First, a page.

Parkinson’s is a progressive degenerative disease of the nervous system. In its initial stages, it primarily affects movement, with sufferers experiencing body tremors, stiffness, slowness of movement, stooped posture, impaired balance, and changes in everything from facial expression to handwriting. As it progresses, psychiatric symptoms such as depression and sleep disturbances, as well as digestive, urinary, and skin problems, are also common.
For formerly able-bodied, independent individuals, Parkinson’s symptoms can take a psychological, as well as physical, toll. Adjusting to a progressive loss of bodily function and autonomy can be extremely stressful, adding to the difficulty of dealing with the disease and exacerbating symptoms. For individuals with Parkinson’s, as well as for their caregivers and loved ones, dealing with this stress is an important way to promote quality of life.
One way of dealing with stress is allowing the person with Parkinson’s to remain proactive in their own care. Encouraging them to make decisions for long-term care while they are still relatively independent can give them a sense of greater self-determination, and reduce worries about a complete loss of control over their life as the disease progresses. Facilitating independent living by adapting the living environment to changing abilities is another great way to ease the transition to greater disability. Making adjustments in the home to ease tasks like meal preparation and bathing, and to make moving around safer for someone with compromised walking ability, is a great way to help someone with Parkinson’s stay in the comfort of their home for as long as possible.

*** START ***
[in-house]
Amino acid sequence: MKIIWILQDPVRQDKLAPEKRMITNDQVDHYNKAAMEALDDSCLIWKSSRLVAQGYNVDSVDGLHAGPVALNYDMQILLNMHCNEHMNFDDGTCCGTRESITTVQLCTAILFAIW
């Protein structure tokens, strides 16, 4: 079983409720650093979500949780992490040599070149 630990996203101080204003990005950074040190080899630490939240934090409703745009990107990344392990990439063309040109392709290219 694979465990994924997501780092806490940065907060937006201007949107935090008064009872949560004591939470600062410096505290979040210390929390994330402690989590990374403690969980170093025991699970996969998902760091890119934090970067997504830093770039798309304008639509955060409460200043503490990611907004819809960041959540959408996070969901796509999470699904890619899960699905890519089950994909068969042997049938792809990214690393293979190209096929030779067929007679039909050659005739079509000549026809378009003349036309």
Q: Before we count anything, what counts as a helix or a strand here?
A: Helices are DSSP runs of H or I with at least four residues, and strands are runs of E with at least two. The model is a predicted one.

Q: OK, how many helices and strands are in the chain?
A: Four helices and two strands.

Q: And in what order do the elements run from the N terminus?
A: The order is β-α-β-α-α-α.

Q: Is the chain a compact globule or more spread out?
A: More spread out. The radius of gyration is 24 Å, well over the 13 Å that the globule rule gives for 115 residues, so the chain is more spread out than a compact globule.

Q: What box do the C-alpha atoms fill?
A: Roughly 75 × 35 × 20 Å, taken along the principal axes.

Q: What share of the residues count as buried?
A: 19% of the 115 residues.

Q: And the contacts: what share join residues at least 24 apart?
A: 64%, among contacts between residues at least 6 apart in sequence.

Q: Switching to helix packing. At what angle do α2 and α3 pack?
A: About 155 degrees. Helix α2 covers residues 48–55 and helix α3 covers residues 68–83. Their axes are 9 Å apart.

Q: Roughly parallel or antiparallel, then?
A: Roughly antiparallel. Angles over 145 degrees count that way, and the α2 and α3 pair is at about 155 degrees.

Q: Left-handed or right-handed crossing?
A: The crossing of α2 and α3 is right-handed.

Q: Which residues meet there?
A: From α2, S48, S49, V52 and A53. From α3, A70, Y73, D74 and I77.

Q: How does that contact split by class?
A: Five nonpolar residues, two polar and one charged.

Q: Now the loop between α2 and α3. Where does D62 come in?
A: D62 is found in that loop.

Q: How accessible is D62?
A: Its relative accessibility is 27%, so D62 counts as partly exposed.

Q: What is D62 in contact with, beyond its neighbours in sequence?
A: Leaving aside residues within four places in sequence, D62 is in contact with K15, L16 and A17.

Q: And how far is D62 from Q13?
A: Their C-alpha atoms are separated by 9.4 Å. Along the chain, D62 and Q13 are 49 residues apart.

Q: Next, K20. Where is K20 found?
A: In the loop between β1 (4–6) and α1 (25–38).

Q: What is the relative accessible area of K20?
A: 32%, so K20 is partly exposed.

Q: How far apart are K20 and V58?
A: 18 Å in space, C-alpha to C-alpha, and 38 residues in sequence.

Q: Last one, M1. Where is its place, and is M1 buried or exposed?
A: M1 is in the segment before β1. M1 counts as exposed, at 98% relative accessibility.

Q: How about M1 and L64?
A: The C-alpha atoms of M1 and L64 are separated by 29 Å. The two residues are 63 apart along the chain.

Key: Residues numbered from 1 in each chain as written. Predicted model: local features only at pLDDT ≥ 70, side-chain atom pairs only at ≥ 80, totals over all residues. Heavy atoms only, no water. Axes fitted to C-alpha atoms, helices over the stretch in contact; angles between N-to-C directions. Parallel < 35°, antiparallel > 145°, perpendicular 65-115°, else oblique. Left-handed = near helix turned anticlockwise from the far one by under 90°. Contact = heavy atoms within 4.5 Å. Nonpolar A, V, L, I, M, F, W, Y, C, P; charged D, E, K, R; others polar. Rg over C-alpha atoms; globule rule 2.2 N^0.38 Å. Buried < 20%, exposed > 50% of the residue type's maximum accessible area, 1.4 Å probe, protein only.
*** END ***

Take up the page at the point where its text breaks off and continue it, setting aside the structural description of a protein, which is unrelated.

In addition to promoting independence for as long as is appropriate, there are many other ways for people with Parkinson’s to reduce their stress. Spending time outdoors and engaging in moderate exercise (as physical condition allows) are powerful ways to encourage a sense of wellbeing and alleviate stress. Taking part in favorite hobbies and maintaining an active social life are also tremendously beneficial. Some Parkinson’s sufferers find Parkinson’s support groups helpful, as they allow people to share worries, fears, and coping strategies in a safe and supportive environment with people who understand the challenges they are facing first-hand.
Edison Home Health Care is happy to advise and assist you or any loved one who seek appropriate care for Parkinson problems. Give us a call at 888-311-1142, or fill out a contact form and we will respond shortly.